As we as a society evolve, we hope that our laws evolve as well. Enacted as of January 1, 2022, California passed a law which helps to offer a little leniency in sentencing for defendants who suffered certain traumas.
Our law has long allowed for defendants to enter into a plea bargain, accepting responsibility for their criminal conduct, and in exchange, the prosecutor or judge will make certain promises, commitments, concessions, assurances, or give the case certain considerations. That said, previously, working within California’s relatively rigid sentencing scheme, judges often lacked the discretion to impose a sentence which adequately addressed these underlying factors where vulnerable populations were involved. AB 124 aimed to address this problem. Following the passage of AB 124, the legislature has directed that the court must now impose the low term prison sentence when the defense submits acceptable proof (1) of childhood trauma, (2) they were a victim of human trafficking, or (3) they were a victim of domestic violence, unless there are circumstances in aggravation which outweigh this evidence in the particular case.
The reason for the change is that the legislature specifically recognized “survivors of sexual violence, intimate partner violence, and other severe forms of trauma are more likely to be incarcerated. In fact, according to the ACLU, nearly 60% of female state prisoners nationwide and more than 90% of certain female prison populations experienced physical or sexual abuse before being incarcerated. Yet, California's legal system currently lacks any consideration for the relevant experiences of survivors in the sentencing or resentencing process,” and writes “AB 124 would provide a path for courts to consider the full context of the trauma that contributed to a survivor's actions or inactions. It would create a trauma-informed response to sentencing that provides just outcomes for survivors. Currently, the societal trauma caused by criminalizing these individuals spans generations and perpetuates cycles of abuse and trauma. … AB 124 ensures that survivors of sexual violence are able to receive justice through our legal system."
According to the National Center for Youth Law: "According to the ACLU, nearly 60% of female state prisoners nationwide and as many as 94% of certain female prison populations have a history of physical or sexual abuse before being incarcerated” and according to the Public Policy Institute of California, “Black women make up 25% of the incarcerated population in California, which when considered alongside the reality that Black women are only 5% of the adult population yet are incarcerated at five times the rate of white women, demonstrates a deplorable overrepresentation of Black women in prison.”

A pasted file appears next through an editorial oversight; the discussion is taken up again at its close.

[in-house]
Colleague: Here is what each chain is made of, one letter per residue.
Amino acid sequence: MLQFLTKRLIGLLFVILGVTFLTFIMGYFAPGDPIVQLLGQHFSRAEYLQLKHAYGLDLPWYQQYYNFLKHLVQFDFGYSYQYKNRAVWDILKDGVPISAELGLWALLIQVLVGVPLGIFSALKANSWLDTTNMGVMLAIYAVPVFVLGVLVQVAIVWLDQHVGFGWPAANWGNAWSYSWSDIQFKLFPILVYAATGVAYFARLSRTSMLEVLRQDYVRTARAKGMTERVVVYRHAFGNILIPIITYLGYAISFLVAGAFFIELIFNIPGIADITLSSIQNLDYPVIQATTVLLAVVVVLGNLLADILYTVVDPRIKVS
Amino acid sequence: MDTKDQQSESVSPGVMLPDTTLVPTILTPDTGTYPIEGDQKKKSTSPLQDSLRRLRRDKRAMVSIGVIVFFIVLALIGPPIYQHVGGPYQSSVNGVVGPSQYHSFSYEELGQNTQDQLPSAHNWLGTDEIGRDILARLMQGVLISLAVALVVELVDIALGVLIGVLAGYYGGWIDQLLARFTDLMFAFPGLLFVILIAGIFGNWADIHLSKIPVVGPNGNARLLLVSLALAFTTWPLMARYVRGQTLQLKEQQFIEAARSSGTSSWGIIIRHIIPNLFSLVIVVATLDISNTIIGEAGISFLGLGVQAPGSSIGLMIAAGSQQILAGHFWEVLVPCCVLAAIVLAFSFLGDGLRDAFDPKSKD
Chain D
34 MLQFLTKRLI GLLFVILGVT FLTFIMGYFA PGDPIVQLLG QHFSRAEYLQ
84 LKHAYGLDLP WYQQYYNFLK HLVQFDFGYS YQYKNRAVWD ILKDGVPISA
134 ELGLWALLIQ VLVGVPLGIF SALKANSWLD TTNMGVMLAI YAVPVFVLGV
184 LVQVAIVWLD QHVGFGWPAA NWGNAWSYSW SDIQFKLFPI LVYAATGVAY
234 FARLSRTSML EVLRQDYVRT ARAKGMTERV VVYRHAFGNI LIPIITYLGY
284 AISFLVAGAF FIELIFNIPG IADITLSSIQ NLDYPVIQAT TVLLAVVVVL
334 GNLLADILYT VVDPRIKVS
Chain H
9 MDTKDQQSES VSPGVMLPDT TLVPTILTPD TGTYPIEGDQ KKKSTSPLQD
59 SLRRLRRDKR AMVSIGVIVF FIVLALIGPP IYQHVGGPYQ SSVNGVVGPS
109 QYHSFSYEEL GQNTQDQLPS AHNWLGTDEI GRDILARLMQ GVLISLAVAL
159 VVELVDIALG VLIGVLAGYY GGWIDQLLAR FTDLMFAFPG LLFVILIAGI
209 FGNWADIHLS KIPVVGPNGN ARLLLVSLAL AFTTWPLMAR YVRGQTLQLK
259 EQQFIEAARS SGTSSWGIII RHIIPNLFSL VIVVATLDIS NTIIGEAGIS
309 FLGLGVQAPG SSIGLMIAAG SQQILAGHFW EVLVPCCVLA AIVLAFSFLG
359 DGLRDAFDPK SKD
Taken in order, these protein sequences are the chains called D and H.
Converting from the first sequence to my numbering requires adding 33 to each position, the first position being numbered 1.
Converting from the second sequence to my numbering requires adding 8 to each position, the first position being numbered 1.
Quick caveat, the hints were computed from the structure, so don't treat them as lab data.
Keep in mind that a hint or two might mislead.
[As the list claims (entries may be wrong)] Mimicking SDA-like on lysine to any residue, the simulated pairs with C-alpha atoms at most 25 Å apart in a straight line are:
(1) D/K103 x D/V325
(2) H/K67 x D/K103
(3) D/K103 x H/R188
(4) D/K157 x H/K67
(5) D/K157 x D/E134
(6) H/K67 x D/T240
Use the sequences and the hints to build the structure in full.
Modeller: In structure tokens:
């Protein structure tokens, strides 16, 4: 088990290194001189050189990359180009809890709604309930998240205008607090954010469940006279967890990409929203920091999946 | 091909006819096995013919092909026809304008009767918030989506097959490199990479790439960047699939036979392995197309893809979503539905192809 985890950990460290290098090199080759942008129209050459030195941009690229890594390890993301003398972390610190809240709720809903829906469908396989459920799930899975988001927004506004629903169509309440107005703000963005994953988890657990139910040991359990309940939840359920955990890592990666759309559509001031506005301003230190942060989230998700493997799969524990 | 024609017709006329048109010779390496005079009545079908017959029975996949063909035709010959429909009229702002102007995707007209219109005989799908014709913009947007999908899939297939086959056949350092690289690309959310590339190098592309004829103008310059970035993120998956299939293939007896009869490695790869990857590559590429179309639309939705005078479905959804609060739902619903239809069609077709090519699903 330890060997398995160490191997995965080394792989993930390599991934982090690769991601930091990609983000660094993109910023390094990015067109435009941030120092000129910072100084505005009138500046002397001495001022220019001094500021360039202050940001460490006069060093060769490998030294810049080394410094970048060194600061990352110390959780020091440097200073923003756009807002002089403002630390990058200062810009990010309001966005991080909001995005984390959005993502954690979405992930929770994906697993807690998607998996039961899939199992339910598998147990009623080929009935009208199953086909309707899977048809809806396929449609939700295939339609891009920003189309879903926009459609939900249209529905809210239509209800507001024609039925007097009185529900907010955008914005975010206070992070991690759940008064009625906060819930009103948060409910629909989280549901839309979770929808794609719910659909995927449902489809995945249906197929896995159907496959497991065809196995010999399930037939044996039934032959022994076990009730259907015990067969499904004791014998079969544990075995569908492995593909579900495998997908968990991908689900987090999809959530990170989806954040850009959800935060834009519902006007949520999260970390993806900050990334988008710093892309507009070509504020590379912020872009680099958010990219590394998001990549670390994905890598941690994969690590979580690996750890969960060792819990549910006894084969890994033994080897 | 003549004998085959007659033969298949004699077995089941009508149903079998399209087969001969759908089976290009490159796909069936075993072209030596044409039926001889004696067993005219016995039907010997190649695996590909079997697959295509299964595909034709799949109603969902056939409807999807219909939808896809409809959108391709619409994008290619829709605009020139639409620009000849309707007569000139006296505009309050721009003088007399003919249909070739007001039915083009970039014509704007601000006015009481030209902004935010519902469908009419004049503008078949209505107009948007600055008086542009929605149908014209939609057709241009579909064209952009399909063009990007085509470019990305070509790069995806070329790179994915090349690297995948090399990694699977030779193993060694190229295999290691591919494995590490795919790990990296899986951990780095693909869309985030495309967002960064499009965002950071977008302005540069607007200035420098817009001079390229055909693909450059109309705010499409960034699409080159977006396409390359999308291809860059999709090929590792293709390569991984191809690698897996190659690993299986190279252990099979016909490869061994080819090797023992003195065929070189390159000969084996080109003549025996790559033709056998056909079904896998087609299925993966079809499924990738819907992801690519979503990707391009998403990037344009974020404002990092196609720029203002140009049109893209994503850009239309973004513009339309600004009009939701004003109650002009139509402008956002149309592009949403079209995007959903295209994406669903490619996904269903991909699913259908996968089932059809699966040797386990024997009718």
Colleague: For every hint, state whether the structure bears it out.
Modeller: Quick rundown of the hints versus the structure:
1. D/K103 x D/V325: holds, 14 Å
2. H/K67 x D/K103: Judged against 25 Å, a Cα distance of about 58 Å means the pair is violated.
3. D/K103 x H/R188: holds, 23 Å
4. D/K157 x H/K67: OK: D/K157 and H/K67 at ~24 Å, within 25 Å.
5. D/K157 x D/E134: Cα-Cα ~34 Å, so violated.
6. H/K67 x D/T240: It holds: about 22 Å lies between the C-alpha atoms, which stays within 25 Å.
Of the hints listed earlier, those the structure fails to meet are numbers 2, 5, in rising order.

The State’s decision to enact this law also considered that "despite the body of research showing that the effect of trauma and abuse drives girls into the juvenile and criminal justice systems, the system itself typically overlooks the context of abuse when determining whether to arrest or charge a girl. Many trafficking survivors are incarcerated for crimes committed to protect themselves from further violence. Numerous studies show that survivors of coerced into participating in illegal activities by their abusive partners.” Further, it’s widely known many victims of domestic violence of human trafficking are reluctant to report the abuse as they distrust the systems, are worried about how their attacker will respond to a report, or believe that they aren’t actually victims at all, and that they deserved what happened to them.
…So while there are a lot of reasons to be frustrated with the state of our criminal justice system, it appears we should have hope that we are moving in the right direction.
If you’d like to talk to Devina about your criminal case, feel free to reach out.
 Survived and Punished, "Research Across the Walls: A Guide to Participatory Research Projects and Partnerships to Free Criminalized Survivors").
 See Institute of Medicine and National Research Council, Confronting Commercial Sexual Exploitation and Sex Trafficking of Minors in the United States: A Guide for the Health Care Sector.
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